Celmisia rupestris


Celmisia: Apparently named after Kelmis, one of Idaean Dactyls, a group of skilled mythical beings associated with the Mother Goddess Rhea in Greek mythology. Kelmis, whose name means ‘casting’, was a blacksmith and childhood friend of Zeus, son of Rhea and later king of the gods. In Ovid’s ‘Metamorphoses’, Kelmis is described as offending Zeus who turned him into adamant so he was as hard as a tempered blade
rupestris: From the Latin rupes 'rock, cliff', meaning growing in rocky places

Common Name(s)

mountain daisy

Current Conservation Status

2012 - At Risk - Naturally Uncommon

Conservation status of New Zealand indigenous vascular plants, 2012
The conservation status of all known New Zealand vascular plant taxa at the rank of species and below were reassessed in 2012 using the New Zealand Threat Classification System (NZTCS). This report includes a statistical summary and brief notes on changes since 2009 and replaces all previous NZTCS lists for vascular plants. Authors: Peter J. de Lange, Jeremy R. Rolfe, Paul D. Champion, Shannel P. Courtney, Peter B. Heenan, John W. Barkla, Ewen K. Cameron, David A. Norton and Rodney A. Hitchmough. File size: 792KB

Previous Conservation Status

2009 - At Risk - Naturally Uncommon
2004 - Not Threatened


2012 - Sp


Celmisia rupestris Cheeseman



Flora Category

Vascular - Native

NVS Species Code


The National Vegetation Survey (NVS) Databank is a physical archive and electronic databank containing records of over 94,000 vegetation survey plots - including data from over 19,000 permanent plots. NVS maintains a standard set of species code abbreviations that correspond to standard scientific plant names from the Ngä Tipu o Aotearoa - New Zealand Plants database.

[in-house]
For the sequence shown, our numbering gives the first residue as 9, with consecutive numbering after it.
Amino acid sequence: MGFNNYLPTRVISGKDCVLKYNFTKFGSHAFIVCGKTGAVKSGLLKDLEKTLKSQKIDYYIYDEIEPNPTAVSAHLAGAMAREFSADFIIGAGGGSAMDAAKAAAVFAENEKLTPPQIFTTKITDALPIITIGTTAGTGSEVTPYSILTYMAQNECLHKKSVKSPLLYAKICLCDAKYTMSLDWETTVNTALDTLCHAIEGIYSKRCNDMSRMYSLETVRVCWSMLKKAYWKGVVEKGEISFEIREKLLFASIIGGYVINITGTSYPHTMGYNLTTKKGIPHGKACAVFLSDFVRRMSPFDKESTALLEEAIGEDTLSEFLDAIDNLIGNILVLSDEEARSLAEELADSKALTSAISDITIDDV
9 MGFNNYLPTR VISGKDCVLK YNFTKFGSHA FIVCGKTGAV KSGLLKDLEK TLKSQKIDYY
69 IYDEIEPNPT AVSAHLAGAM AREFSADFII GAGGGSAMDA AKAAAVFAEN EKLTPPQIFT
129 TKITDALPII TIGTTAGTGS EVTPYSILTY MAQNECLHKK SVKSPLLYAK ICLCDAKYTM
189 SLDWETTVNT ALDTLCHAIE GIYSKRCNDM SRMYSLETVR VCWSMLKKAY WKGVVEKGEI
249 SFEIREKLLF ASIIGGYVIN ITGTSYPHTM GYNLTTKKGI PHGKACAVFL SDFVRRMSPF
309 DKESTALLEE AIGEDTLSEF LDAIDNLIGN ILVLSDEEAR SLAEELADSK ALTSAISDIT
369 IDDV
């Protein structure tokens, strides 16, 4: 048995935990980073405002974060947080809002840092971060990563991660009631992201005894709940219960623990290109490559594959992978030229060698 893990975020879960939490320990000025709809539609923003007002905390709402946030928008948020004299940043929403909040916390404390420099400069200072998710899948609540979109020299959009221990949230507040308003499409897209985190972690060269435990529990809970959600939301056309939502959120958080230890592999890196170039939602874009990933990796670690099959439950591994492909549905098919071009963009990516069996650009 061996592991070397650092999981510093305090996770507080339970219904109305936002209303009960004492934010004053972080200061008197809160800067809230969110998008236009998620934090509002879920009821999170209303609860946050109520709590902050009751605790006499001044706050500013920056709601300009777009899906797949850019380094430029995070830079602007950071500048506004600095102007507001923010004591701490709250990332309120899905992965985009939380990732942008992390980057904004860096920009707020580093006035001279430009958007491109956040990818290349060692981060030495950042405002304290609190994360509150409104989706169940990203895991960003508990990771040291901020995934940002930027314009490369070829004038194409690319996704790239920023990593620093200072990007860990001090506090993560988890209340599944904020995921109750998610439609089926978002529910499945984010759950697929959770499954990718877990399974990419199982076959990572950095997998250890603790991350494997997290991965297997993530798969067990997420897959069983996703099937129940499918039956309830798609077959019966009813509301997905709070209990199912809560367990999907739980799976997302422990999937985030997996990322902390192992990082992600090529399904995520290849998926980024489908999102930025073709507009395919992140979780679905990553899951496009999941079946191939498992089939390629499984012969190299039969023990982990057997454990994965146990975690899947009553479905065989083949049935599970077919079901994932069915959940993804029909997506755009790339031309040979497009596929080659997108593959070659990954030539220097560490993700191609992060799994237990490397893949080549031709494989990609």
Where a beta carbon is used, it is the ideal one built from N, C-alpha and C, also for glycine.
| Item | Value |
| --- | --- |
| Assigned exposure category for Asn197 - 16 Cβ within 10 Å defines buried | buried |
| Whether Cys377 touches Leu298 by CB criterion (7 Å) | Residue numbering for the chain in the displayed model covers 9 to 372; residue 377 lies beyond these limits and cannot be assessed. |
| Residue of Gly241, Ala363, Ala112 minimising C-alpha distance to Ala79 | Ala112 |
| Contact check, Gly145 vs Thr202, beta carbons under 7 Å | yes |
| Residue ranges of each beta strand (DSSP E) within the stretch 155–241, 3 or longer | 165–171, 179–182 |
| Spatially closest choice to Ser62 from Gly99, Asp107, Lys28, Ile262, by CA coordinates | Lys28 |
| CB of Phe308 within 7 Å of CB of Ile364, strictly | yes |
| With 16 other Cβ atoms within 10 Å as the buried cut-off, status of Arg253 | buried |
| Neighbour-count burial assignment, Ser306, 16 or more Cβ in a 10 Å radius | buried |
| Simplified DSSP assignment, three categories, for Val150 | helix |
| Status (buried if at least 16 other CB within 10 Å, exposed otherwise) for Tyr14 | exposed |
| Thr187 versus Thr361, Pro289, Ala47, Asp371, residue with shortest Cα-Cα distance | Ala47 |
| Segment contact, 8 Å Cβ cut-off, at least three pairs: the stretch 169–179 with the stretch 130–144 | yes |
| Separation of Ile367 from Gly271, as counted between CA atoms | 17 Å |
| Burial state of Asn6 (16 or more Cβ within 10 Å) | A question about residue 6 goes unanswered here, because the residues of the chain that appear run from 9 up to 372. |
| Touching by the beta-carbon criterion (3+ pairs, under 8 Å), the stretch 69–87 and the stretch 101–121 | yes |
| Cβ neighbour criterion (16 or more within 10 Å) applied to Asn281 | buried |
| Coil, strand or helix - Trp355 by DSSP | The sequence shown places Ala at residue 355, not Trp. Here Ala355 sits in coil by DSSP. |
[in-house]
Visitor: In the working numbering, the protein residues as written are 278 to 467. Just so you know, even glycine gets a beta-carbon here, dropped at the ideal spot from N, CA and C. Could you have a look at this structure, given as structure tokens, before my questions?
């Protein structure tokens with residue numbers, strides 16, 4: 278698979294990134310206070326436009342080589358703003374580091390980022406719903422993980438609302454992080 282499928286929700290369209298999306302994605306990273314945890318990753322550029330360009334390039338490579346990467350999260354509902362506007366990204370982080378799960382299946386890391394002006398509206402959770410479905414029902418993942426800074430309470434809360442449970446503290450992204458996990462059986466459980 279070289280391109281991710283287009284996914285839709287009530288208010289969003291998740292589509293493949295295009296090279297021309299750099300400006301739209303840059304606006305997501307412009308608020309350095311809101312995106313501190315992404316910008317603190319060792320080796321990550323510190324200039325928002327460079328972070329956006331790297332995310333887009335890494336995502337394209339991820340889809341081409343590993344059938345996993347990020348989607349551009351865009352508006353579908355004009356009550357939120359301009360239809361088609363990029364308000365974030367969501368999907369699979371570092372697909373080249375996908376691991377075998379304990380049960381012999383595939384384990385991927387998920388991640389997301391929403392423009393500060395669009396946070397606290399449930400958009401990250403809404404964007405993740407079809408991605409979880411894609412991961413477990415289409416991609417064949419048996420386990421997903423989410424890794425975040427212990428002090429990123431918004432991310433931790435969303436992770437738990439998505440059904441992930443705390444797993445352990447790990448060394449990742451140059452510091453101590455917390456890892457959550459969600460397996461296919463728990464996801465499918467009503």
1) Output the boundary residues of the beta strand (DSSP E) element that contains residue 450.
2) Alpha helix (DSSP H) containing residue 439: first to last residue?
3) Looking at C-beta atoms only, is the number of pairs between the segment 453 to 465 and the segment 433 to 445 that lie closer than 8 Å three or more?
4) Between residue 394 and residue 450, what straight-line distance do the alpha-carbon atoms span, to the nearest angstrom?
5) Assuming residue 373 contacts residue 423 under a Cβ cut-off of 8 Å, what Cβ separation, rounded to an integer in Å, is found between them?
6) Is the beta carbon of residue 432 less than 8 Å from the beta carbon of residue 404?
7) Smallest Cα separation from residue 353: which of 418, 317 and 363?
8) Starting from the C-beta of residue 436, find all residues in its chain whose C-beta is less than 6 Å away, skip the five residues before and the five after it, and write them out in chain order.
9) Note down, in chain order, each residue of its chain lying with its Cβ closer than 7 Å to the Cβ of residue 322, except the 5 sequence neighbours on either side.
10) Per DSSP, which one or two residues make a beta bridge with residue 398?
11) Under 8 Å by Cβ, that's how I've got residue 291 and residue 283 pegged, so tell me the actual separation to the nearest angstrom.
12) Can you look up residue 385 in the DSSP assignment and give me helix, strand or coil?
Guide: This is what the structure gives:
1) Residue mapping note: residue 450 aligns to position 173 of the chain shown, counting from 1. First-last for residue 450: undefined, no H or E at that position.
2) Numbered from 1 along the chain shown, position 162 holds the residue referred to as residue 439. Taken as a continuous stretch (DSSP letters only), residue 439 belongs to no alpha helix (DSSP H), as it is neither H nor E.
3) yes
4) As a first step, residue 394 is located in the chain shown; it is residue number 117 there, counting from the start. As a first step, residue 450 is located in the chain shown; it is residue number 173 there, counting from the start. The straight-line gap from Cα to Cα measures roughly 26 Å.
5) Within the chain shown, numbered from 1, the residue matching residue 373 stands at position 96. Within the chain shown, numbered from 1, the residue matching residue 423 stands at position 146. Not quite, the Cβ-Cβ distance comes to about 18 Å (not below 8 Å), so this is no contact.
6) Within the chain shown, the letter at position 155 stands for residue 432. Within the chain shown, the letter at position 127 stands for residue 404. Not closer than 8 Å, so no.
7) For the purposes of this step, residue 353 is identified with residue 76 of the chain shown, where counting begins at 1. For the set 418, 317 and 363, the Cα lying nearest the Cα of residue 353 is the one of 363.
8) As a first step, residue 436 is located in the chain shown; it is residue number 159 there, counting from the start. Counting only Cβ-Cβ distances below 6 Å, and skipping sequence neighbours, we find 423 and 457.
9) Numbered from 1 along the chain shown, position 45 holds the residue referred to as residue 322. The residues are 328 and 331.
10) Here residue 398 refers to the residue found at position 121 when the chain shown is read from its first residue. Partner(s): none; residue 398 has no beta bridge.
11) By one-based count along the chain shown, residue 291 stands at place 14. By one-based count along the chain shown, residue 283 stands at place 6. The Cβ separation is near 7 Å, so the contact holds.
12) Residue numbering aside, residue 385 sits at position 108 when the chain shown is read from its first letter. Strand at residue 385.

Structural Class

Dicotyledonous Herbs - Composites




Endemic. South Island: North-West Nelson (Kahurangi National Park) - Mount Glasgow, Mount Peel (Cobb), Cobb Valley, Aorere Peak


Upper montane to alpine. On cliff faces, rock outcrops and amongst rocks or in fellfield


Prostrate or straggling shrub with stems up to ± 1 m long and 10 mm diameter, branched; branchlets rather slender to stout, up to c. 150 mm long. Leaves numerous, densely imbricate; lamina 10-25 × 2.5-3.0 mm, narrowly linear-spathulate, coriaceous, gradually narrowed to sheath; upper surface rather densely clad in soft white not appressed hairs, midrib concealed by hairs; lower surface similarly clad, but more densely so; apex obtuse to subacute, usually apiculate; margins strongly revolute, but not to midrib. Sheath broad, membranous, hairy. Scape glandular-pubescent, slender, up to ± 150 mm long; bracts numerous, lower leaf-like, lamina 9.0-10.0 mm long expanding into sheath. Capitula 25-30 mm diameter; involucral bracts in two series, narrow-linear, c. 5 mm long, glandular-pubescent, ± clad in floccose hairs Ray-florets many, narrow, clawed, limb c.6 mm long, white; disk-florets 3.8-4.1 mm long, tubular. Achenes subcylindric, 2.0-2.5 mm long, ribs with rather sparse hairs. Pappus-hairs sordid-white, up to 5 mm long

Similar Taxa

One of a small group of subshrub Celmisia which includes C. brevifolia, C. gibbsii, C. lateralis, C. ramulosa and C. walkeri. From these species C. rupestris is perhaps most similar to C. gibbsii from which it is distinguished by the upper leaf surface which is densely clad in white hair.


October - February

Flower Colours



November - May

Propagation Technique

Difficult. Best grown from fresh seed but can be grown from cuttings. Should be planted in a free draining, moist soil. Excellent in a pot in an alpine house, or planted in a south-facing rockery. Dislikes humidity and will not tolerate drying out.


A naturally uncommon species that does not appear to be actively threatened

Chromosome No.

2n = 108

Endemic Taxon


Endemic Genus


Endemic Family


Life Cycle and Dispersal

Pappate cypselae are dispersed by wind (Thorsen et al., 2009).

Where To Buy

Occasionally available from specialist native plant nurseries.


Description adapted from Allan (1961)

References and further reading

Allan, H.H. 1961: Flora of New Zealand. Vol. I, Government Printer, Wellington.

Thorsen, M. J.; Dickinson, K. J. M.; Seddon, P. J. 2009. Seed dispersal systems in the New Zealand flora. Perspectives in Plant Ecology, Evolution and Systematics 11: 285-309

This page last updated on 15 Aug 2014